Fiction · 06/27/2012

Jacklight

The buck lopes down the last stretch of hillside and bounds over the low fence behind the industrial park, hardly slowing, legs tucking up, body stretching out and arcing like an arrow, then coming down soft on the other side with just a faint ticking of hooves on the asphalt. The man stops and considers. Catches his breath. He looks up at the sun, pulls out his phone: 4:36. Jesus Christ. The buck doesn’t even look hit, but he’s seen spots of blood on the ground here and there throughout the pursuit, since he took the shot at, what, 10:30? Good lord. He’s sweating underneath the coat and sweater, his long underwear soaked, the smell of him leaking out through his collar. They say you’re not supposed to object to your own smell but he does — it’s an earthbound smell and he doesn’t care for it. The buck can smell it too, he’s sure; it may be what made it take a step sideways as he pulled the trigger and set this thing in motion. He saw the jolt when the bullet hit, the buck’s haunch flinching as though a bee had stung it. Now and then he’s noticed a catch in its gait, a little stumble; enough to keep him chasing and he wonders if it’s a calculated thing, the way a killdeer leads a predator off, wing held out to its side crying in mock-pain — no, bucks don’t do that; a doe maybe, but not a buck. They look out for number one.

He scrambles over the fence, the strap on his rifle snagging on the chain link, holding him up; one of the points jabs into his leg and now he’s limping worse than the deer — one of them will have to give out sooner or later but fuck if it’s going to be him. Everyone has been telling him to quit this or that forever — hunting, cigarettes, salt, wanting — and he doesn’t care if he looks like an idiot chasing a deer for six hours, perseverance is the thing his dad always told him separates the winners out, time and will-power.

He hasn’t had a clear shot since the first one, no chance to finish him off. The gap hasn’t closed much at all throughout the chase — when he walks, the deer walks, watching him, recovering as he does, mirroring him. Maybe even mocking him, though that is surely beyond a deer’s capacity, isn’t it? His daughter would say no.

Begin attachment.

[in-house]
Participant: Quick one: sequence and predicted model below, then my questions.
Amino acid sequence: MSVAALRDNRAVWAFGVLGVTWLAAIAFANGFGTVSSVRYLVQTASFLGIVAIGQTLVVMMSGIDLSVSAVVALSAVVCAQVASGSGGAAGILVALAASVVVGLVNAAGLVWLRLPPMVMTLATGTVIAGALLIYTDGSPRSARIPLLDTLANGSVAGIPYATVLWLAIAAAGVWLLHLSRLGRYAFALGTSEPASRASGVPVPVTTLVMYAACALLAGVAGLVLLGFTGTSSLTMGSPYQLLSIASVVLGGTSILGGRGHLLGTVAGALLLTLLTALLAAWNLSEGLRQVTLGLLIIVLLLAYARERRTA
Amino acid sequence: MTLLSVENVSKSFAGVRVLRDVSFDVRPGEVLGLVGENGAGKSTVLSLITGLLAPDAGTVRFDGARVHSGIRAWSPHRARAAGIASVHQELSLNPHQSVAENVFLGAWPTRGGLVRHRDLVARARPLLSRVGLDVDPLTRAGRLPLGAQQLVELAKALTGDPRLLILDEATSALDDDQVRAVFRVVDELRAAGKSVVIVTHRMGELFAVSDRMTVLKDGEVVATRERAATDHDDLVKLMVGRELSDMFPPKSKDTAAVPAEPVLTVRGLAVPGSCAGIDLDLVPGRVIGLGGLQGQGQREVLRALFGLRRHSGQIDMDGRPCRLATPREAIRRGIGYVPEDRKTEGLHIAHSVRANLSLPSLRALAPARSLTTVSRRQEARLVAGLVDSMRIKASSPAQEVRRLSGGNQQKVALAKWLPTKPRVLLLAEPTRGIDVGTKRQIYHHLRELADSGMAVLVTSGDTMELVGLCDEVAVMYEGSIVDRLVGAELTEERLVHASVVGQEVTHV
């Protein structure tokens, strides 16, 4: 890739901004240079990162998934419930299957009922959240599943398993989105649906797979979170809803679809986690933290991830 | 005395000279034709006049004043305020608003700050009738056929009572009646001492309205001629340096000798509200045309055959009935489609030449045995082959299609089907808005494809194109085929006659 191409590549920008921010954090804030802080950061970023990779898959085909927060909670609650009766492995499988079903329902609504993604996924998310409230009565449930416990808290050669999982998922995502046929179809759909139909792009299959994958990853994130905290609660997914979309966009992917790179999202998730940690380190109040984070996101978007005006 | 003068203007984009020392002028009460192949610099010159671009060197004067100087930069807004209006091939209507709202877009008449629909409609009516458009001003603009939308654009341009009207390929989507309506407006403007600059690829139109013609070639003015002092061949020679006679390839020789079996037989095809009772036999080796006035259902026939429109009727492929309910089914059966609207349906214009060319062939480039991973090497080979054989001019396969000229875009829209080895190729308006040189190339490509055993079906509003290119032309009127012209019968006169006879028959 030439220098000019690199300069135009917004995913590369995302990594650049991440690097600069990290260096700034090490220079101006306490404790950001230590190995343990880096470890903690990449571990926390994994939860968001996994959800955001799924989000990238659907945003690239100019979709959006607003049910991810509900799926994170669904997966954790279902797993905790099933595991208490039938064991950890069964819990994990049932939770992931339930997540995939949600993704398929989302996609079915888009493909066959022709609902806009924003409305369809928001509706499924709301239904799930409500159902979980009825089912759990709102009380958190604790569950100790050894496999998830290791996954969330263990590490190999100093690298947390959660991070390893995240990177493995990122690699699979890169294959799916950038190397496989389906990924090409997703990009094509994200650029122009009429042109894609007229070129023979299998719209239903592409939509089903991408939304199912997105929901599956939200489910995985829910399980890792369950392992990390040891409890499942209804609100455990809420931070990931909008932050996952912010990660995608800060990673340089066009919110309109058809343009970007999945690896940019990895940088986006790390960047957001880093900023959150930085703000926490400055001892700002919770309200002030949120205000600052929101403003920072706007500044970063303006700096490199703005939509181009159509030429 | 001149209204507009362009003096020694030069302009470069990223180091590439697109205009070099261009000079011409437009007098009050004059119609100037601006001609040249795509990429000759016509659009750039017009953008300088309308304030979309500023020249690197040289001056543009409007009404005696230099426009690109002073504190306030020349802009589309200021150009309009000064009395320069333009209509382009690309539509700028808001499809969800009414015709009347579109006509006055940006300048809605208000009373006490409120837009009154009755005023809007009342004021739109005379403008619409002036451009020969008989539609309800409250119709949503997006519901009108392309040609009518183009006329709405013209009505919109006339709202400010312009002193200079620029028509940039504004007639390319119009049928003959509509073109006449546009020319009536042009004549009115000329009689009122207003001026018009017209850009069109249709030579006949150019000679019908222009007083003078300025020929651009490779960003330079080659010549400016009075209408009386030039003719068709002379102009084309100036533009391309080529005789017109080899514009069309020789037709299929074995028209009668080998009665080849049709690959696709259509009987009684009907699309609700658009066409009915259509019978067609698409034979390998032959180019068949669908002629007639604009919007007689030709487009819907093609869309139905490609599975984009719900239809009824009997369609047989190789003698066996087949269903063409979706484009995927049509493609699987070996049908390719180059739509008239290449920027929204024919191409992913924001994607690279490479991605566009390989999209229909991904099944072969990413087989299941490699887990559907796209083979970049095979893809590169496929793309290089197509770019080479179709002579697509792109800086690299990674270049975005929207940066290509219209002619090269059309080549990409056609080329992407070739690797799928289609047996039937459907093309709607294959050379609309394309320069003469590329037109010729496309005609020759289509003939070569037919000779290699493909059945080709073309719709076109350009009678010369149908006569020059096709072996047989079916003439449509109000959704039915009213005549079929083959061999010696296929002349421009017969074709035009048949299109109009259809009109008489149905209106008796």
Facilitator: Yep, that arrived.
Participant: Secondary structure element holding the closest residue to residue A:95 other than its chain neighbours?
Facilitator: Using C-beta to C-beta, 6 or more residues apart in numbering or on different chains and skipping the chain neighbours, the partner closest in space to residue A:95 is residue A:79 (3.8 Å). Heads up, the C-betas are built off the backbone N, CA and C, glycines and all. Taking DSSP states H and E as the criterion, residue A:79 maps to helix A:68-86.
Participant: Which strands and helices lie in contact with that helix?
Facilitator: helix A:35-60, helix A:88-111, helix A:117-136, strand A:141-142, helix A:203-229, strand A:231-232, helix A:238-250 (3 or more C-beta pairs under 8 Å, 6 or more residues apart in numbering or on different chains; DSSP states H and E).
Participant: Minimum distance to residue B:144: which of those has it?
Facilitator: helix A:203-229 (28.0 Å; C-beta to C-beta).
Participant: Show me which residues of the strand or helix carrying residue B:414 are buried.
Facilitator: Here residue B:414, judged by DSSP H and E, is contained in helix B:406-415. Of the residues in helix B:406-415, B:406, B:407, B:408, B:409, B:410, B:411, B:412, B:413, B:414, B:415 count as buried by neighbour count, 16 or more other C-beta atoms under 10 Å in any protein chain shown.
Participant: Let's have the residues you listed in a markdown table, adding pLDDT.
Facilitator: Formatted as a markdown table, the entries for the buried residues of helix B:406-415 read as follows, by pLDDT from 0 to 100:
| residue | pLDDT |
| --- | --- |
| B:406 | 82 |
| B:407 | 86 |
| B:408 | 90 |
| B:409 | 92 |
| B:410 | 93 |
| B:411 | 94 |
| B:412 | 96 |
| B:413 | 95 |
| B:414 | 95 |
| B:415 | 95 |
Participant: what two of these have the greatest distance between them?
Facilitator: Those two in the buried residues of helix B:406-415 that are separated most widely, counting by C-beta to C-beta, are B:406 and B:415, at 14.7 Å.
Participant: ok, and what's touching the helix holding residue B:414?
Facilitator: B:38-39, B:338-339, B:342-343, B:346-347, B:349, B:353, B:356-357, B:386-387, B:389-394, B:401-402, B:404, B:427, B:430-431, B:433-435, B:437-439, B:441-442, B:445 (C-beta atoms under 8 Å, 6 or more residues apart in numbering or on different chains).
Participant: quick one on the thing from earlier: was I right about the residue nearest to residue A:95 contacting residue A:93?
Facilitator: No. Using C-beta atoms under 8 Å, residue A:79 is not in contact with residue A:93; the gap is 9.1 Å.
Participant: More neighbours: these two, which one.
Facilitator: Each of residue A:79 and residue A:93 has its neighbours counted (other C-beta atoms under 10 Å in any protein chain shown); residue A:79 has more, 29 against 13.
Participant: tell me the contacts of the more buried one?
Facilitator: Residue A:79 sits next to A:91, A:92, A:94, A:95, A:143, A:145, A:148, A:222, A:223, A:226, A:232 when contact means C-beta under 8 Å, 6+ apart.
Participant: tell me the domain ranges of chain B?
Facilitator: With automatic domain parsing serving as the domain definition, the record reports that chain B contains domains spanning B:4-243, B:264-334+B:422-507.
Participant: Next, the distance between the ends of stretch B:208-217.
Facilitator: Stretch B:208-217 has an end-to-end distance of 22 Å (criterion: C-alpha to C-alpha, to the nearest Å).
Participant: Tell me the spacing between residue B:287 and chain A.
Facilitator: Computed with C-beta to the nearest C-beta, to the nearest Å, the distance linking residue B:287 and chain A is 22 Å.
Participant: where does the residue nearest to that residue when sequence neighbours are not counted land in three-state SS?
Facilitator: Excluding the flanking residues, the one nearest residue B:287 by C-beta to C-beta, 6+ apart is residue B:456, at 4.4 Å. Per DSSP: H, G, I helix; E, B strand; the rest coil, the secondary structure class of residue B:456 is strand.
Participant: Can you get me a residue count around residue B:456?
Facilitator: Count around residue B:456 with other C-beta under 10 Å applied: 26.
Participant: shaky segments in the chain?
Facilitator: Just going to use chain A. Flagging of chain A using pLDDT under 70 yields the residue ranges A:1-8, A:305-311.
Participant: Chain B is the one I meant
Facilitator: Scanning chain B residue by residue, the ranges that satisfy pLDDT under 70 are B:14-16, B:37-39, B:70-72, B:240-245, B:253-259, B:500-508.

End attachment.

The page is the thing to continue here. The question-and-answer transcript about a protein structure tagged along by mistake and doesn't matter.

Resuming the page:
— They’re as alive as you are.

— They don’t feel anything complex, emotion or longing, just hunger and pain and fatigue.

— How would you know? Have you talked to them?

— They eat what they find and they sleep where they lie down.

— They deserve mercy.

— Don’t we all?

She thinks she’s hitting him where it hurts, but it doesn’t bother him the way she thinks it does — he admires her commitment, she has beliefs and he’s not about to run that down — it’s just that everybody has such stiff opinions now about everything, you have to take a stand on every little thing, you’re tested all the time and it’s fucking exhausting.

Inside the industrial park fence, he limps through a narrow parking lot between two wings of offices. He sits on a parking curb in the shade of a stunted sweet gum. Up ahead the deer stops, turns half toward him. Its sides are heaving, eyes wide — it’s pacing him again, step for step. Out of the corner of his eye he sees the blinds in one of the office windows twitch, sees three or four faces behind the tint, half-ghost faces talking and pointing — he nods, smiles, knows he looks crazy, camoed and sweat-soaked with a slung rifle in the middle of an office park. He worked in a place like this once, and he remembers the electrical way fear passed from person to person, an equilibrium of panic establishing itself with each pulse, the world inside and the world out differentiated by the damping of double-pane glass. In some ways he misses it — the anesthetic air and the childish excitement at the department birthday cake. He has told himself that he is more in tune now with what we are deep within us, but he’s failed to convince himself — he has heard such talk since he was a boy from booze-faced hunters grieving a simpler time, always a generation back, a lost dream they believe can be reawakened via gun oil and Coors Light. He knows better, or should.

Inside the building an alarm goes off — he looks for smoke, for signs of evacuation, and realizes the alarm is sounding against him, he’s the barbarian at their cardlocked gate. He tries to wave reassuringly, to signify somehow that he is harmless, that he is just like them, but they shrink back from the windows and screw the blinds closed. He jogs out of the parking lot, across the little strip of lawn and down into the sunken lot where the buck has already disappeared.